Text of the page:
US can’t ignore food crisis, maize-based fuel ‘transitional’: Obama

April 26th, 2008 - 1:03 pm ICT by admin  

Washington, April 26 (DPA) Democratic presidential hopeful Barack Obama said the US could not ignore global suffering from a food crisis and should slowly move away from maize-based fuel production that has shared the blame for surging food prices. Obama said the US should be “mindful” of the effect its own search for alternative fuel sources was having on the developing world, but he said it would take some time before non-food-derived fuels became widely available.

“Around the world you’re starting to see food shortages that could end up leading to real hunger and food riots,” Obama told reporters at a campaign stop in Indiana Friday.

“That’s something that we have an obligation to not ignore,” he said.

More than 30 countries have been threatened with food riots and starvation in the face of high food costs. Aid agencies have called for more than $700 million to meet increased demand.

The production of bio-fuels in industrial nations has been widely blamed for the sharp rises in the price of maize, wheat, soya and other food staples relied on for nutrition in developing countries. Some countries have called for a complete halt to subsidies for fuels made from food crops.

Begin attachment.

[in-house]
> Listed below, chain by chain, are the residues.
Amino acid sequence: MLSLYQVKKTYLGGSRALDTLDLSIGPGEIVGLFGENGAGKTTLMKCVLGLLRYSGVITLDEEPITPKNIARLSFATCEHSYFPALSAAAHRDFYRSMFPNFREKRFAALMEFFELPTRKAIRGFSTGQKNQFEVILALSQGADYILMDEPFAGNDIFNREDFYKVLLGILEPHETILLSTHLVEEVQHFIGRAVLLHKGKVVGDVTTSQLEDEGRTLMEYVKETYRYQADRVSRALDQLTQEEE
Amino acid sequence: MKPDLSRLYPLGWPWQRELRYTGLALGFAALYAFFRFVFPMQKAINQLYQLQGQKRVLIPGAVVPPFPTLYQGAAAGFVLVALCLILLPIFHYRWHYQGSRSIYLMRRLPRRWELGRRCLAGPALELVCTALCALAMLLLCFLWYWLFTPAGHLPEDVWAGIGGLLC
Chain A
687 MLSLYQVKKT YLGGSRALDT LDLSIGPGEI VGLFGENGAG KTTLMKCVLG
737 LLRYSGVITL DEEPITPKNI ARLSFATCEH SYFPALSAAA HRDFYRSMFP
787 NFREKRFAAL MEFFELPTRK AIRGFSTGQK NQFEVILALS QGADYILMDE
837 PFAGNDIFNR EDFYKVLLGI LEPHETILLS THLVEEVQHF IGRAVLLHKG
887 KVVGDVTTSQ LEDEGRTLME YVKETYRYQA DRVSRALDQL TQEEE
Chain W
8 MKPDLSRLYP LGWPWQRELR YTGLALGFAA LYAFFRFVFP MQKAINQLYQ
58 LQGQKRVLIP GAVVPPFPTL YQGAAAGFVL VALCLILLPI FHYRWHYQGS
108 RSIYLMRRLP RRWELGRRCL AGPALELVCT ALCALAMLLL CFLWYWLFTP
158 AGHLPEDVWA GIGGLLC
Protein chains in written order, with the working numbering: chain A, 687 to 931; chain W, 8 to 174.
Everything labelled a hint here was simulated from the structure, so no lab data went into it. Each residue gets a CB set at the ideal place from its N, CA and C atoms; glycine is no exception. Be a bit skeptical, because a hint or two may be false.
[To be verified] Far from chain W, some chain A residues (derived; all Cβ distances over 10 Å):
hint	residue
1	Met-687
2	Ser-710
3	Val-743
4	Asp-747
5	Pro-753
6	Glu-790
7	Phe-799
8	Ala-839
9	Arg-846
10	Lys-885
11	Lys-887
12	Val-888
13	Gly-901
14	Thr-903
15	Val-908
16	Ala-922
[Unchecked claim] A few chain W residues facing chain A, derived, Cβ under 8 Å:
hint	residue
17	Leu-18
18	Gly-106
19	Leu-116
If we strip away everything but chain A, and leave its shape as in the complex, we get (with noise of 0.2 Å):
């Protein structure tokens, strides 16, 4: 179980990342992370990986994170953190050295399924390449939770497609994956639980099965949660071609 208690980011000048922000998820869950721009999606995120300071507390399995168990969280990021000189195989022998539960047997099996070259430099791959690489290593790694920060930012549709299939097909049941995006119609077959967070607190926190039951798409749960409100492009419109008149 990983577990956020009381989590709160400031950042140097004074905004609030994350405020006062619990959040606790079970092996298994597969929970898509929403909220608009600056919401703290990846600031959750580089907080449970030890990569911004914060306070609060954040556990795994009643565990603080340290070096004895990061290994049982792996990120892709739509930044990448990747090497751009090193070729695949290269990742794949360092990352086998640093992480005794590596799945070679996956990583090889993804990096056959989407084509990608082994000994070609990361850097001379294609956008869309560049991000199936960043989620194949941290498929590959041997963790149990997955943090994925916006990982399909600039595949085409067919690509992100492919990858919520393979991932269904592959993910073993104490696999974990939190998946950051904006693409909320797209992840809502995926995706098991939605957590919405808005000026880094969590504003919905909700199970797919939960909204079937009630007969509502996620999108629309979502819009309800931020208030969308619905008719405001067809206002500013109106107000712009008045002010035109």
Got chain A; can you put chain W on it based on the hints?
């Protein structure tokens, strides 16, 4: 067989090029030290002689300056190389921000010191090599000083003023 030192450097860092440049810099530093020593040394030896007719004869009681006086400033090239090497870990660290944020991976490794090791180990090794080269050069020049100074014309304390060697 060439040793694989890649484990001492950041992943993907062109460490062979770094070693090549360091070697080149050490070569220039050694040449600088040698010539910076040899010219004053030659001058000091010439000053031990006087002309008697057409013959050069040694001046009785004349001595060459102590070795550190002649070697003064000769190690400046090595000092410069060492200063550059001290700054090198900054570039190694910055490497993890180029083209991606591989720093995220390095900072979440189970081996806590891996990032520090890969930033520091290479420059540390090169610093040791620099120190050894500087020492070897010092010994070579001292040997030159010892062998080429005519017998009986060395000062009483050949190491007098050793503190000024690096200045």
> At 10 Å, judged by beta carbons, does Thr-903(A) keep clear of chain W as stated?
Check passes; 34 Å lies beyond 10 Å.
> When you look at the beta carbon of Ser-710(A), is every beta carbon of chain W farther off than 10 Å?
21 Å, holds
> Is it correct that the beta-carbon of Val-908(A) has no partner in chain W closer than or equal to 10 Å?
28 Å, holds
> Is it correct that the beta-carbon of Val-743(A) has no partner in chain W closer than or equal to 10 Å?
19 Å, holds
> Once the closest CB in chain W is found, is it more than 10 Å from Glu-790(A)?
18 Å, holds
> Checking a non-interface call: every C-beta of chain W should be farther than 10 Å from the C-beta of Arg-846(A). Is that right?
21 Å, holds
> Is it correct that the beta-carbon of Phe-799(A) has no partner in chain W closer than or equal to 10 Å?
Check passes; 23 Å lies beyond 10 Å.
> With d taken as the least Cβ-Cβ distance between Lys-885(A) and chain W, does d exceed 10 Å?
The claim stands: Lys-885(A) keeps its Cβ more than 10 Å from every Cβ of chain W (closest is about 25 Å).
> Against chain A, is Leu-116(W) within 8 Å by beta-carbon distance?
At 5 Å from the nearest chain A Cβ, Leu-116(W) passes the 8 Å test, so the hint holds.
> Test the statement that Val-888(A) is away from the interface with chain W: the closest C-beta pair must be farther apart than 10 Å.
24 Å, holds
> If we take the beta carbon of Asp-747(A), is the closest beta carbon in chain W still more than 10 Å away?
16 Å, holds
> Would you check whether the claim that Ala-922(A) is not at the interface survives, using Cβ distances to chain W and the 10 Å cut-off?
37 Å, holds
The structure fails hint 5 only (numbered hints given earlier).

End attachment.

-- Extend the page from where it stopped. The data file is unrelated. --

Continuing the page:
Obama said that maize-based ethanol - which is heavily subsidised in the US including in Obama’s home state of Illinois - was a “transitional technology” that would soon make way for other alternatives.

“We’re going to have to shift to cellulosic ethanol, using biomass that is not part of the food chain,” he said. “And that’s going to require some time.”

The US is the largest producer of ethanol along with Brazil, which converts the fuel from sugar cane in a process considered much more efficient than that in the US.

Other countries including Europe use edible oils to produce diesel fuel.

The World Bank this month said US ethanol ate up nearly all of the increased global maize production from 2004-07, when the crop’s prices rose most sharply. Growing demand in the developing world has also put pressure on grain prices.

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